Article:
These tea partiers have ruined America

It is hard to remember a more dismal moment in American politics. The debt-ceiling crisis and the agreement that ended it point to deep dysfunction in our system. In a variety of ways, the episode portends continued short-term economic misery and long-term national decline. It’s as if the United States chose at the last minute not to commit financial suicide—but only out of preference for a slower, more excruciating form of self-destruction…

We now also understand that we’re not going to make meaningful investments in our economic future. The conservative position that all spending is evil obliterates any distinction between investment and consumption, between the long-term and the short-term. The United States suffers with an increasingly third-world level of infrastructure, a third-tier education system, and enormous gaps in the preparedness of its workforce. The debate has now ended: Money to upgrade those faltering systems will not be forthcoming. And by the way, the United States isn’t going to take on any other major problems either—immigration, tax reform, or climate change, for example. It isn’t going to do so for the same reason it has failed at sensible economic management: because the Tea Party has a veto…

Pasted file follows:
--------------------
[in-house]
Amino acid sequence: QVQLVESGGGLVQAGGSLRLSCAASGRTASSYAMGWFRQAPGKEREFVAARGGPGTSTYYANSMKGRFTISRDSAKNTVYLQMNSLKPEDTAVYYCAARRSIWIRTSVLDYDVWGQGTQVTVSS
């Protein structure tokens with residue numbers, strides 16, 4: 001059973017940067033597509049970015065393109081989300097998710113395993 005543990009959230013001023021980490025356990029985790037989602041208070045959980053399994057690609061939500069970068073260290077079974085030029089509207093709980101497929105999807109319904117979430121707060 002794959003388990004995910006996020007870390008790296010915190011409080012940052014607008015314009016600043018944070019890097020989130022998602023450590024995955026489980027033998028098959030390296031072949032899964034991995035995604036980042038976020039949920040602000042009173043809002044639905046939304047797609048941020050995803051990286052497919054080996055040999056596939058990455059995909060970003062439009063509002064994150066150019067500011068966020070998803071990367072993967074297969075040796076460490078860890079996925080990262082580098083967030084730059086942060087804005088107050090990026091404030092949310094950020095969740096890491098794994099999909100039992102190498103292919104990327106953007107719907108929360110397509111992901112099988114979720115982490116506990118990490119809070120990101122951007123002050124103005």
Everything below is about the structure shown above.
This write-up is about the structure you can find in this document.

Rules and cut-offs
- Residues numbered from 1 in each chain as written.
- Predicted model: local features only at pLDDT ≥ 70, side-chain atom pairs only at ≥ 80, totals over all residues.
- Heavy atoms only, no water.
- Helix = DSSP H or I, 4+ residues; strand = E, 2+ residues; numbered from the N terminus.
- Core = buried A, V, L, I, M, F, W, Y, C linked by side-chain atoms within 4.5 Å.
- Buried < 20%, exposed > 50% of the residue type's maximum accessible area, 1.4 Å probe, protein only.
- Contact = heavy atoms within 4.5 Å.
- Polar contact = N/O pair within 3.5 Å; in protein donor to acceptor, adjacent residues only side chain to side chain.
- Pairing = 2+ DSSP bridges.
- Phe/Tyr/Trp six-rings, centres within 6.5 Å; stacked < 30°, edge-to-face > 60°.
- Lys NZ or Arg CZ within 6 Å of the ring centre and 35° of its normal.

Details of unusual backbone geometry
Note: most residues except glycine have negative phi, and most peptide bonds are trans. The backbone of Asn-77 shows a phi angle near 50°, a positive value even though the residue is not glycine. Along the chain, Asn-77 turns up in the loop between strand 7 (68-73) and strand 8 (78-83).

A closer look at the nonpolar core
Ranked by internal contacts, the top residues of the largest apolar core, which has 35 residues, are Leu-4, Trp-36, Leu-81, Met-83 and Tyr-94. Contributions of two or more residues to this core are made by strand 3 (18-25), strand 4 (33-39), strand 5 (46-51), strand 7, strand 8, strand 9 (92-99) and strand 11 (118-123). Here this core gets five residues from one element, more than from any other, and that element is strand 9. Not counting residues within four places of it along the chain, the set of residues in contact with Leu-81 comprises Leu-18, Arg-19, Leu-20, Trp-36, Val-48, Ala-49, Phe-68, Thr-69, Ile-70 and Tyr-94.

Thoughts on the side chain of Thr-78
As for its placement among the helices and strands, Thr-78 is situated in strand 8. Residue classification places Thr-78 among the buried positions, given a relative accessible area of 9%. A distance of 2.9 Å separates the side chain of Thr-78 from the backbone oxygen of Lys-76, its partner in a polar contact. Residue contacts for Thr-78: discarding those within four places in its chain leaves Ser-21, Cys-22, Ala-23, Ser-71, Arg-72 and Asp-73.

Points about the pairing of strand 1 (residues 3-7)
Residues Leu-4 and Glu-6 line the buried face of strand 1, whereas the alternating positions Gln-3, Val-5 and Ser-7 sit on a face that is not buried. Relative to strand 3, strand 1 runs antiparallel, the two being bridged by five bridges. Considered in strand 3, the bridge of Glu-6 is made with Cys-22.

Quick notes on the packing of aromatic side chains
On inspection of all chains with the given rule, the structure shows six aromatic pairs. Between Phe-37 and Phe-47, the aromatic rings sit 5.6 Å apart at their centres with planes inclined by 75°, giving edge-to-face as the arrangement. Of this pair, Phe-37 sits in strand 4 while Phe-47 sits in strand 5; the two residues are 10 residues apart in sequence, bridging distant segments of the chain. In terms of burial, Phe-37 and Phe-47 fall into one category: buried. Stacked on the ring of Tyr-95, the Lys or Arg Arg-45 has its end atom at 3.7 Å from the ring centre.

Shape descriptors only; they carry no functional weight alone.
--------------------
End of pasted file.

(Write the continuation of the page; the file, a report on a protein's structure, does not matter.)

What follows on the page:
At the level of political culture, we have learned some other sobering lessons: that compromise is dead and that there’s no point trying to explain complicated matters to the American people. The president has tried reasonableness and he has failed. It has been astonishing to watch Obama’s sheer unwillingness to give up on his opponents after their refusal to work with him on the stimulus package, health care reform, or the extension of the Bush tax cuts last fall. A Congress dominated by mindless cannibals is now feasting on a supine president. But surely even he now realizes there’s no middle ground with antagonists whose only interest is in seeing him humiliated.